Talk:Carlos Hugo, Duke of Parma

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Irene's right of succession to the Dutch throne[edit]

"Her conversion to Catholicism meant that she had to renounce her right of succession to the Dutch throne" That is not correct. There is no impediment for the monarch or a person who can inherit the throne to become a Catholic or a member of any other religion. Irene lost her right to the throne because she married without there being a law to give her permission. Carlos claim to the Spanish throne was the central issue of the controversy. I'm changing this to "She lost her right of succession to the Dutch throne because the government refused to enact a law permitting the marriage, and her mother could not even go fetch her because the government advised her against it. The issue that prevented the government from making a law permitting the marriage was Carlos claim of the Spanish throne. The Dutch government saw international political difficulties arising from a possible heir to the Dutch throne holding a controversial claim to the throne of a foreign state. Also the Dutch Constitution does not allow the monarch to carry a foreign Crown.".Gerard von Hebel 20:35, 16 June 2006 (UTC)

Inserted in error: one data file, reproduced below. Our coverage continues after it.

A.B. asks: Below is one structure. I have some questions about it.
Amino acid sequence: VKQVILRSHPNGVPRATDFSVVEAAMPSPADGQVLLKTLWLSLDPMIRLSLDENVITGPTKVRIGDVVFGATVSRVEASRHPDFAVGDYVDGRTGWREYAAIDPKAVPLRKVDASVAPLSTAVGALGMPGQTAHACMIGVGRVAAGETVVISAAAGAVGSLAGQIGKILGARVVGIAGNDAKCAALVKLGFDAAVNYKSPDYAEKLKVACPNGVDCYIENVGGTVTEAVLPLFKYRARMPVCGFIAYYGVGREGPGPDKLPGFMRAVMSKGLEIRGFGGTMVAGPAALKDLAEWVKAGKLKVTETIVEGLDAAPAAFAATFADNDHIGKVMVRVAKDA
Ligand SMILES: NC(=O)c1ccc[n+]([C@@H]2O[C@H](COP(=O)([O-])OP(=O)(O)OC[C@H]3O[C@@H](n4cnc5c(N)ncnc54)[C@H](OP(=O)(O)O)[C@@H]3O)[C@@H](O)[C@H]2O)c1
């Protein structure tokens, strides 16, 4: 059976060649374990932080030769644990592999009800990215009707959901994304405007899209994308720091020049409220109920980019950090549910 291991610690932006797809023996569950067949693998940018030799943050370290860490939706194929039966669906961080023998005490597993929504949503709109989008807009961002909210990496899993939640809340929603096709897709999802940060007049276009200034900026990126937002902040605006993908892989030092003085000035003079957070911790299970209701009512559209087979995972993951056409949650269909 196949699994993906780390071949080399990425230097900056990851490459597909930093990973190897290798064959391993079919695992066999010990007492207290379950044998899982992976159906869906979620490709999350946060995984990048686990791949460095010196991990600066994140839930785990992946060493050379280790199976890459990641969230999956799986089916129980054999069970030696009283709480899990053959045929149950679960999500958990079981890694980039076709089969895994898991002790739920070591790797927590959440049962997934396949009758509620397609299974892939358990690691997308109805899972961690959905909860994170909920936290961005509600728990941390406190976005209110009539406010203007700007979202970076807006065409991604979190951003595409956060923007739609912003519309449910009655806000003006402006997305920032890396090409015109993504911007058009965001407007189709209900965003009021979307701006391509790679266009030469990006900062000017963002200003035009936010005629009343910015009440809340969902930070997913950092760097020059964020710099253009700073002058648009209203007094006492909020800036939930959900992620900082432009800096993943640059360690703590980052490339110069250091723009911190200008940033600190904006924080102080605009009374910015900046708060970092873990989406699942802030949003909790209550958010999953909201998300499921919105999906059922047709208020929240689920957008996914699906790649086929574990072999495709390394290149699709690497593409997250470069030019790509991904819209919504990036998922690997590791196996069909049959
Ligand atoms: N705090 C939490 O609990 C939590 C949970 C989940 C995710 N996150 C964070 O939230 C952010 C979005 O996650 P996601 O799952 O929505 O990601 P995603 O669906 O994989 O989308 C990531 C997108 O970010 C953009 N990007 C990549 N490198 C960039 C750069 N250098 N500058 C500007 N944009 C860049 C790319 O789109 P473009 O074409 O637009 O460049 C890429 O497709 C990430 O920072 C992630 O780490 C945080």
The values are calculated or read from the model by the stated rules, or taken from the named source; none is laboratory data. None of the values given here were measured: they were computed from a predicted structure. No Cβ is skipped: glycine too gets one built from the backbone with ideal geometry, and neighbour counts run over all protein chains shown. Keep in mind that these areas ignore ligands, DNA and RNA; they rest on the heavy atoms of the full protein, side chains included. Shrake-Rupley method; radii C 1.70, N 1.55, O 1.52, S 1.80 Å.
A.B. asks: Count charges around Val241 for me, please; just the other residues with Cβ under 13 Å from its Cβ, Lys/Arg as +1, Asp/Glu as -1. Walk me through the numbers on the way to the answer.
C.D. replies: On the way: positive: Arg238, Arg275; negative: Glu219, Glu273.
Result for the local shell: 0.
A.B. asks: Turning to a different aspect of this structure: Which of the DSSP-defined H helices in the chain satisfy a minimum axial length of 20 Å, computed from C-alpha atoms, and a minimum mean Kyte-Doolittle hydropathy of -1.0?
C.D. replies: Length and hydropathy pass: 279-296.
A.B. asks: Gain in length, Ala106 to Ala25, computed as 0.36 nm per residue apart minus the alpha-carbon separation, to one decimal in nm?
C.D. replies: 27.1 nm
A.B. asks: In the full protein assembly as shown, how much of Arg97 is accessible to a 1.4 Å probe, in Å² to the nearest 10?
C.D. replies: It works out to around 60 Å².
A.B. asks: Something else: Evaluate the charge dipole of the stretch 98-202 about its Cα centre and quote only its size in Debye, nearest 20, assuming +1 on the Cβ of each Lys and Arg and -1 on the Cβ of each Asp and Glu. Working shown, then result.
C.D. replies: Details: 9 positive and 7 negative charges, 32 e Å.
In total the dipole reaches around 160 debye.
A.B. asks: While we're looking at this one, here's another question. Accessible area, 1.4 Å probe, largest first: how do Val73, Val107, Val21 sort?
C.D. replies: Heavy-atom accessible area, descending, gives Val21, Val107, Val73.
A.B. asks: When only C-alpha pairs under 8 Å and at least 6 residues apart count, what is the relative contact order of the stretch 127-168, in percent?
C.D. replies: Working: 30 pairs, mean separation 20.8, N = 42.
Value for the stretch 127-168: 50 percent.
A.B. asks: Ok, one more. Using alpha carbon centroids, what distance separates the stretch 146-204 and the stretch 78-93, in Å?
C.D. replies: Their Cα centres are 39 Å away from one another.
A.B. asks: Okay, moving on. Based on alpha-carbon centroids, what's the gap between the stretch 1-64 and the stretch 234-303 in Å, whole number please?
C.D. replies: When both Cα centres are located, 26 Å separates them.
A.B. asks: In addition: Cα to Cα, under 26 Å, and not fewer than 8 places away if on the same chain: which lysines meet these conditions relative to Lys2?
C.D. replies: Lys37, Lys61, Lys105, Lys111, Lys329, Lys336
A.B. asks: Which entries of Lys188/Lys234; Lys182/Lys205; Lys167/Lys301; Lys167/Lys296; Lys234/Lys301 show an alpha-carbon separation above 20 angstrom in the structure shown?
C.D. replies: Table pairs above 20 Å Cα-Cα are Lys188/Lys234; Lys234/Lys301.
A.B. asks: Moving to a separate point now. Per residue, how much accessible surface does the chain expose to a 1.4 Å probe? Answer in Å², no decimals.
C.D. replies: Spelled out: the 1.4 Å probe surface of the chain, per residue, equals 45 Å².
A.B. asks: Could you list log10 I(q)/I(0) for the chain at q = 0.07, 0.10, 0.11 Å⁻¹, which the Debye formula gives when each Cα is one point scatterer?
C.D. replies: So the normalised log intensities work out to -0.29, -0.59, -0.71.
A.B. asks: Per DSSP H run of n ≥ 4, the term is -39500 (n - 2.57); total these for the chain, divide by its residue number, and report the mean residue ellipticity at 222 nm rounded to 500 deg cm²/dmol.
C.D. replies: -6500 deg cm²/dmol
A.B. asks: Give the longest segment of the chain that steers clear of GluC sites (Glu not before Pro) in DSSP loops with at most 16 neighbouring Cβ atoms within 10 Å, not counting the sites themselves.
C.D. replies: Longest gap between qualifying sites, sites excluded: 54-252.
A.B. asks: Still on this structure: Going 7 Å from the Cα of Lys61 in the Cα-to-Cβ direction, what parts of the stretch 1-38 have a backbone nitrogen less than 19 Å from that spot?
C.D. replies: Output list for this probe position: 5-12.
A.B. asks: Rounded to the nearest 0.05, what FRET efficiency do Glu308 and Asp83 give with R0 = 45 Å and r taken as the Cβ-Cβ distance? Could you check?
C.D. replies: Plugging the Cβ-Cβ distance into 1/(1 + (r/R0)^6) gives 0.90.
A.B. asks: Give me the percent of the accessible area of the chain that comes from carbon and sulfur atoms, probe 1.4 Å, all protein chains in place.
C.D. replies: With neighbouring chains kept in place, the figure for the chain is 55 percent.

Redundancy deleted[edit]

Baptized Hugo Xavier Marie Sixte Louis Robert Jean Georges Benoît Michel, he later took the name Charles (Carlos) before all his baptismal names. 13:20, 4 June 2007 (UTC)